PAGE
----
In a major shift in strategy reflecting a more collaborative style of its new ownership and management, Innovative interfaces has withdrawn the lawsuit it filed against OCLC in July 2010. SkyRiver Technologies, the sister company and lead plaintiff of the suit, has been absorbed into Innovative Interfaces, which will integrate the SkyRiver cataloging service into its product offerings.
SkyRiver Technology Solutions was established by Jerry Kline, then owner of Innovative Interfaces, in September 2009 to provide cataloging services to compete with OCLC at lower costs. Complications arose when libraries using SkyRiver’s cataloging service, including Michigan State University, claimed that they were charged higher fees than expected when they wanted to load the SkyRiver records into the OCLC WorldCat database to support interlibrary loan. The complaint filed by SkyRiver and Innovative mentions this claim and other issues as the basis of the lawsuit.
On July 28, 2010, SkyRiver Technology Solutions and Innovative Interfaces, Inc. filed a lawsuit in the United States District Court Northern District of California against OCLC asserting that OCLC was operating as a monopoly in multiple sectors, including that of bibliographic metadata, interlibrary loan, and library automation, and was engaging in anticompetitive business practices. While the complaint mentioned OCLC’s non-profit status, this issue was not its primary focus. The case was active in the courts with many filings made through October 2010, when the case was transferred to the United States District Court for the Southern District of Ohio. Another set of filings were made through April 14, 2011, when OCLC’s attorneys issued a motion to dismiss the charges. This motion has been awaiting a ruling of the court since that date.
See a list of the filings related to the SkyRiver vs. OCLC case on Library Technology Guides.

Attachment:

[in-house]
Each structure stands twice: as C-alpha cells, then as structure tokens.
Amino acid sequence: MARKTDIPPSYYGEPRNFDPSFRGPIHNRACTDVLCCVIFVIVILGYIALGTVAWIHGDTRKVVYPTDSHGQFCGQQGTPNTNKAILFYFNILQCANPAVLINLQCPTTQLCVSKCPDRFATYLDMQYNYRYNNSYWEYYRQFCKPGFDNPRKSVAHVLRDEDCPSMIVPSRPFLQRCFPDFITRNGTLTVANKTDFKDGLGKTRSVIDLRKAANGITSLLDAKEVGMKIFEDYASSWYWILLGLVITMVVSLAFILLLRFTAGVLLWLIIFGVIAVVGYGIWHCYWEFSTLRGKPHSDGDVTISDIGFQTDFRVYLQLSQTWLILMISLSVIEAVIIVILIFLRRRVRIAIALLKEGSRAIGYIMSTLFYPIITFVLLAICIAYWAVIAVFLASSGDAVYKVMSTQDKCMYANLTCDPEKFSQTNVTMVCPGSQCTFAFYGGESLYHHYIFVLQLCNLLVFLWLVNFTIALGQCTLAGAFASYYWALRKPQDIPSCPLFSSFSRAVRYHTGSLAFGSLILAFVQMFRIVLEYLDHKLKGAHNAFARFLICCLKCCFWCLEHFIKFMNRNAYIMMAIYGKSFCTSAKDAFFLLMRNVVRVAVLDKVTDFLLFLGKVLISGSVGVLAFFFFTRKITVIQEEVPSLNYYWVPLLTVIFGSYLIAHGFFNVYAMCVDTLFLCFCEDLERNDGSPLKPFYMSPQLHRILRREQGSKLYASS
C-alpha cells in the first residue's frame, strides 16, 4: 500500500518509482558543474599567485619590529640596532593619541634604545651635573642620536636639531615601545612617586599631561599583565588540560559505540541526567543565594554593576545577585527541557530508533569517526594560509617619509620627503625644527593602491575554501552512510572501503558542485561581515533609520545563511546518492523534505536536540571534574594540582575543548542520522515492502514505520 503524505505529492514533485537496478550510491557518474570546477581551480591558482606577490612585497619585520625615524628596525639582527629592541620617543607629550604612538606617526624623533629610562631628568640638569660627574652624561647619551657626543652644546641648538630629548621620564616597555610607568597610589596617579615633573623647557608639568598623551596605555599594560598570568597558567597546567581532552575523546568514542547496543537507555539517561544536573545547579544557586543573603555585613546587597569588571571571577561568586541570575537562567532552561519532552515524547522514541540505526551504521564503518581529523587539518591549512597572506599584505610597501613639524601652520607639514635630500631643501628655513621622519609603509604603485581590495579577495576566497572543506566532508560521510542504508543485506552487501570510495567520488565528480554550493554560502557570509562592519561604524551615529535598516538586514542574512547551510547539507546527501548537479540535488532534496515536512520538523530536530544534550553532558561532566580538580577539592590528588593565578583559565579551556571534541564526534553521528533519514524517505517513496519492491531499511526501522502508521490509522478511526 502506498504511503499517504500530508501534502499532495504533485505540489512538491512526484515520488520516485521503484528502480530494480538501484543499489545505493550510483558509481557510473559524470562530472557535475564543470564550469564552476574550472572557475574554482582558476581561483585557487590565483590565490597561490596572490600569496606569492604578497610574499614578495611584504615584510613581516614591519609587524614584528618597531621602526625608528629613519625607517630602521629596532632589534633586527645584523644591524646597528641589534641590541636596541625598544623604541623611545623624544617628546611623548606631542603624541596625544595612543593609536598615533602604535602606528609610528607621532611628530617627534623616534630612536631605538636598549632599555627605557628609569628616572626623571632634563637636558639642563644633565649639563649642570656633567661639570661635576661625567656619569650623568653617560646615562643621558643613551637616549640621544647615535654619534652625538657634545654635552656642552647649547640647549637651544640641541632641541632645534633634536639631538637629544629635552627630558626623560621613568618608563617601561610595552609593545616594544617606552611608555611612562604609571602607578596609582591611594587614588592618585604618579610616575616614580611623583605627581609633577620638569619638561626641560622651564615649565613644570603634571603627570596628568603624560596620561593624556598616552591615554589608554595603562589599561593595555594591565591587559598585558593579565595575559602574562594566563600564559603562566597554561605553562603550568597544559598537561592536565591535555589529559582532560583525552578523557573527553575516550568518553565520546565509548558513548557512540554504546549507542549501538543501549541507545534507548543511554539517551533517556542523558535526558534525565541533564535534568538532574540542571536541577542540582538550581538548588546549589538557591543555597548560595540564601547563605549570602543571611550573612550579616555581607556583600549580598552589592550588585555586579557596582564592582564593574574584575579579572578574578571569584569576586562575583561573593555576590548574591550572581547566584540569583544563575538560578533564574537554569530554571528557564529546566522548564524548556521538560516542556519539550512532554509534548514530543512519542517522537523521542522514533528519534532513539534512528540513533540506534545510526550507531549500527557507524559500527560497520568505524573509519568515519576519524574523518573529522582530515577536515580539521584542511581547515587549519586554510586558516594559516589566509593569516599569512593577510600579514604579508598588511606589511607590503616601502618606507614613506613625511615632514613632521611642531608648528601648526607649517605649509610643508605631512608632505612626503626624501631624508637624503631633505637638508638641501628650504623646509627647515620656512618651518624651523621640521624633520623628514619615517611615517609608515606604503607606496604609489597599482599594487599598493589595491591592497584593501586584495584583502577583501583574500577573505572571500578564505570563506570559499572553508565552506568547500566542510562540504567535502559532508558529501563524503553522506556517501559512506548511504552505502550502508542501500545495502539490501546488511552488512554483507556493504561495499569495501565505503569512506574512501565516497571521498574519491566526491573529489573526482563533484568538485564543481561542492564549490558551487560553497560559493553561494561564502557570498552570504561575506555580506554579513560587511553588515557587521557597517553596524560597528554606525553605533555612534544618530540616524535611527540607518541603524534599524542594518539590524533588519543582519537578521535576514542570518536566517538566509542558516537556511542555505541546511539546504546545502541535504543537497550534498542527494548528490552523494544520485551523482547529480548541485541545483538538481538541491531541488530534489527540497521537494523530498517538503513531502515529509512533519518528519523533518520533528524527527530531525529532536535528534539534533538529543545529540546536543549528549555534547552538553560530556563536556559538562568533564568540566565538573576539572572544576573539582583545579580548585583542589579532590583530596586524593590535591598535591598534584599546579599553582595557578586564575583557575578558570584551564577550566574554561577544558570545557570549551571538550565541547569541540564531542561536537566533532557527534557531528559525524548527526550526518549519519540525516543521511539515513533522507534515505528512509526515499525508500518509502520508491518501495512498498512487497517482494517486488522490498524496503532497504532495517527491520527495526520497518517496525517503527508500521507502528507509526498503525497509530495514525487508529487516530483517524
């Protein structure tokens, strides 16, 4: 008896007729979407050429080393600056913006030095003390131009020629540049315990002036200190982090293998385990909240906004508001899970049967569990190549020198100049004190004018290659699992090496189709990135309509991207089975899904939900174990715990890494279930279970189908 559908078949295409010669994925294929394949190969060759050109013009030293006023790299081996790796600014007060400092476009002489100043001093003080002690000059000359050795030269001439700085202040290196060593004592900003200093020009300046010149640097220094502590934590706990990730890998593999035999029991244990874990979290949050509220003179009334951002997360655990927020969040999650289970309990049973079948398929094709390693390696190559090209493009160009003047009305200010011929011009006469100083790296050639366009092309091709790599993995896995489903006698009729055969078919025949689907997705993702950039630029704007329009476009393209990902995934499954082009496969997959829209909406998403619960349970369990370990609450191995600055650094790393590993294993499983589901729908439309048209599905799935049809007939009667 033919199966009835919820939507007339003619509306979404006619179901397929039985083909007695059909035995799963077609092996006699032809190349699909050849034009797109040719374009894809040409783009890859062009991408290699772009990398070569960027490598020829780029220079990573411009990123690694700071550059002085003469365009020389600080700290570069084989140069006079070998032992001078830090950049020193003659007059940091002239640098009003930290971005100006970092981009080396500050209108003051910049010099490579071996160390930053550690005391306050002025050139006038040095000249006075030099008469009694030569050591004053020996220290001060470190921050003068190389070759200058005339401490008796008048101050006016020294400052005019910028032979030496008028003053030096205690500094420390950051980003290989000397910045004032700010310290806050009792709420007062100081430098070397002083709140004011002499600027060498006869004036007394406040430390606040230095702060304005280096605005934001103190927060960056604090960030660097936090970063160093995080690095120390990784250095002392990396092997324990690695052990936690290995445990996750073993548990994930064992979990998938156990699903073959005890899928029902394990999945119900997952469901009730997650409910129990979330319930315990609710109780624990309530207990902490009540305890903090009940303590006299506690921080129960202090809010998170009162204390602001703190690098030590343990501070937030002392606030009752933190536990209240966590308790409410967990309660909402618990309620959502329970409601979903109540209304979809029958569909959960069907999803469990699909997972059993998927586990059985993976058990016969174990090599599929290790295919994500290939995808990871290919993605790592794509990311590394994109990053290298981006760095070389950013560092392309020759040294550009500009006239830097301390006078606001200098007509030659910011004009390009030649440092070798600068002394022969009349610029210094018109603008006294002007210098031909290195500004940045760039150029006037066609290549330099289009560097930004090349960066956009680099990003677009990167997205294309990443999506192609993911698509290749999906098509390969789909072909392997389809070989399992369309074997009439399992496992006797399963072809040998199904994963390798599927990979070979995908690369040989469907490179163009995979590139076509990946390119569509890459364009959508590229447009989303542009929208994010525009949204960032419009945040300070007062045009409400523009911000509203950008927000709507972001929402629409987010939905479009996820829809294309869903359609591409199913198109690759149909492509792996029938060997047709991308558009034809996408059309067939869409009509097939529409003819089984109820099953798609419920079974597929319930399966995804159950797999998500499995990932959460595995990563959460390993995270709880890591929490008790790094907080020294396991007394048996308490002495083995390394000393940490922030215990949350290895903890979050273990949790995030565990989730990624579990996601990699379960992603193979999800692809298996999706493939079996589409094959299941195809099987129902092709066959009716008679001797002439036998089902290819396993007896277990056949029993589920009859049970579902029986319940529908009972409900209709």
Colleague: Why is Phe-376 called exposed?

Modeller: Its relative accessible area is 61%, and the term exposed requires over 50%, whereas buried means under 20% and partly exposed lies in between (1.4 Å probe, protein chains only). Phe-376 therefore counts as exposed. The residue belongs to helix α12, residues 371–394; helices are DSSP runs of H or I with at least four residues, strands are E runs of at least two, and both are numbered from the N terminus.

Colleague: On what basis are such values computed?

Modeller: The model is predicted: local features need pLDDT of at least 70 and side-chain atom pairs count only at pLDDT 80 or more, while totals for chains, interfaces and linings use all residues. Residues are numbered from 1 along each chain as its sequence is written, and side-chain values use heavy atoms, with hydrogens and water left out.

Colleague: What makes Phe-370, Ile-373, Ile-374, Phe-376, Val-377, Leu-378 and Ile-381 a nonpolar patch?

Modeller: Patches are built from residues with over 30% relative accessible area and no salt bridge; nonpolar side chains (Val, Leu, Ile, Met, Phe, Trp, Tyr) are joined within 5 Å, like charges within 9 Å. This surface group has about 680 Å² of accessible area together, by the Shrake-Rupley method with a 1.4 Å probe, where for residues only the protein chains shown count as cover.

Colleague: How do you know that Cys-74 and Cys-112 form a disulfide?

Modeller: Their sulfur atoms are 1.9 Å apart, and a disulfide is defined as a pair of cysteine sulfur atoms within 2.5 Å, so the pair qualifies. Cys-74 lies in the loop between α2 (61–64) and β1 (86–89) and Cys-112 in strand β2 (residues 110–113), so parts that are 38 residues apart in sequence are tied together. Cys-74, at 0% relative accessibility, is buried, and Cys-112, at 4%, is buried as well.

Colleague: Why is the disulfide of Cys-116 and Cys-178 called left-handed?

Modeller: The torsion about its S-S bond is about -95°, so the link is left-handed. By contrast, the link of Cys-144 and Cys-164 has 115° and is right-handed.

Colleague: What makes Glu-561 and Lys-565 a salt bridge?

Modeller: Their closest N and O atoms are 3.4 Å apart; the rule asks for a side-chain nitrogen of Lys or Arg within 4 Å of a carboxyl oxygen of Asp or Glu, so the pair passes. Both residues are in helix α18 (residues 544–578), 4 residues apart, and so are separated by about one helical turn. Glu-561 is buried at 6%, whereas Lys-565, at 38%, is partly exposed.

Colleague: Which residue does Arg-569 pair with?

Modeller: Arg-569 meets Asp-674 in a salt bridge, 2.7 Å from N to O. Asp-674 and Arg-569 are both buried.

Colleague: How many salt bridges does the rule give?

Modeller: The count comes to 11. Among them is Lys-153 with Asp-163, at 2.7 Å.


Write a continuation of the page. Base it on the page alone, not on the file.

SkyRiver had the same owner as Innovative Interfaces—Jerry Kline, and it was part of JMI Equity and Huntsman Gay’s acquisition of Innovative Interfaces. Though organizationally independent, the company operated from space leased in Innovative’s Emeryville headquarters and contracted with Innovate for technology infrastructure and other services. As a result of a recent company reorganization, SkyRiver is now folded into Innovative Interfaces and will no longer exist as a separate company. Leslie Straus, president of SkyRiver since its establishment, has left the company.
The vision of offering a competitive cataloging alternative to OCLC remains intact. SkyRiver’s cataloging services will continue as an offering of Innovative Interfaces. Tom Jacobson, Director of Resource Sharing, whose portfolio also includes INN-Reach, will oversee the SkyRiver cataloging services within Innovative.
Since the filing of the lawsuit, Innovative Interfaces has undergone change of ownership and executive management. Jerry Kline, believed to be the primary force behind the lawsuit, is no longer directly associated with Innovative or SkyRiver. The new leadership at Innovative mentions an opportunity to establish a positive relationship with OCLC as a major reason behind dropping the suit.
Within the library industry, companies can have complex relationships where they compete on some fronts and cooperate on others. The lawsuit meant a cloud of uncertainty for OCLC and a hostile business environment between it and Innovative. The withdrawal of the lawsuit opens up more of a possibility for Innovative and OCLC to find areas of collaboration, while still competing in the area of cataloging services. The statements issued by both OCLC’s Jay Jordan and Kim Massana, Innovative Interfaces CEO, reflect a more conciliatory and cooperative approach.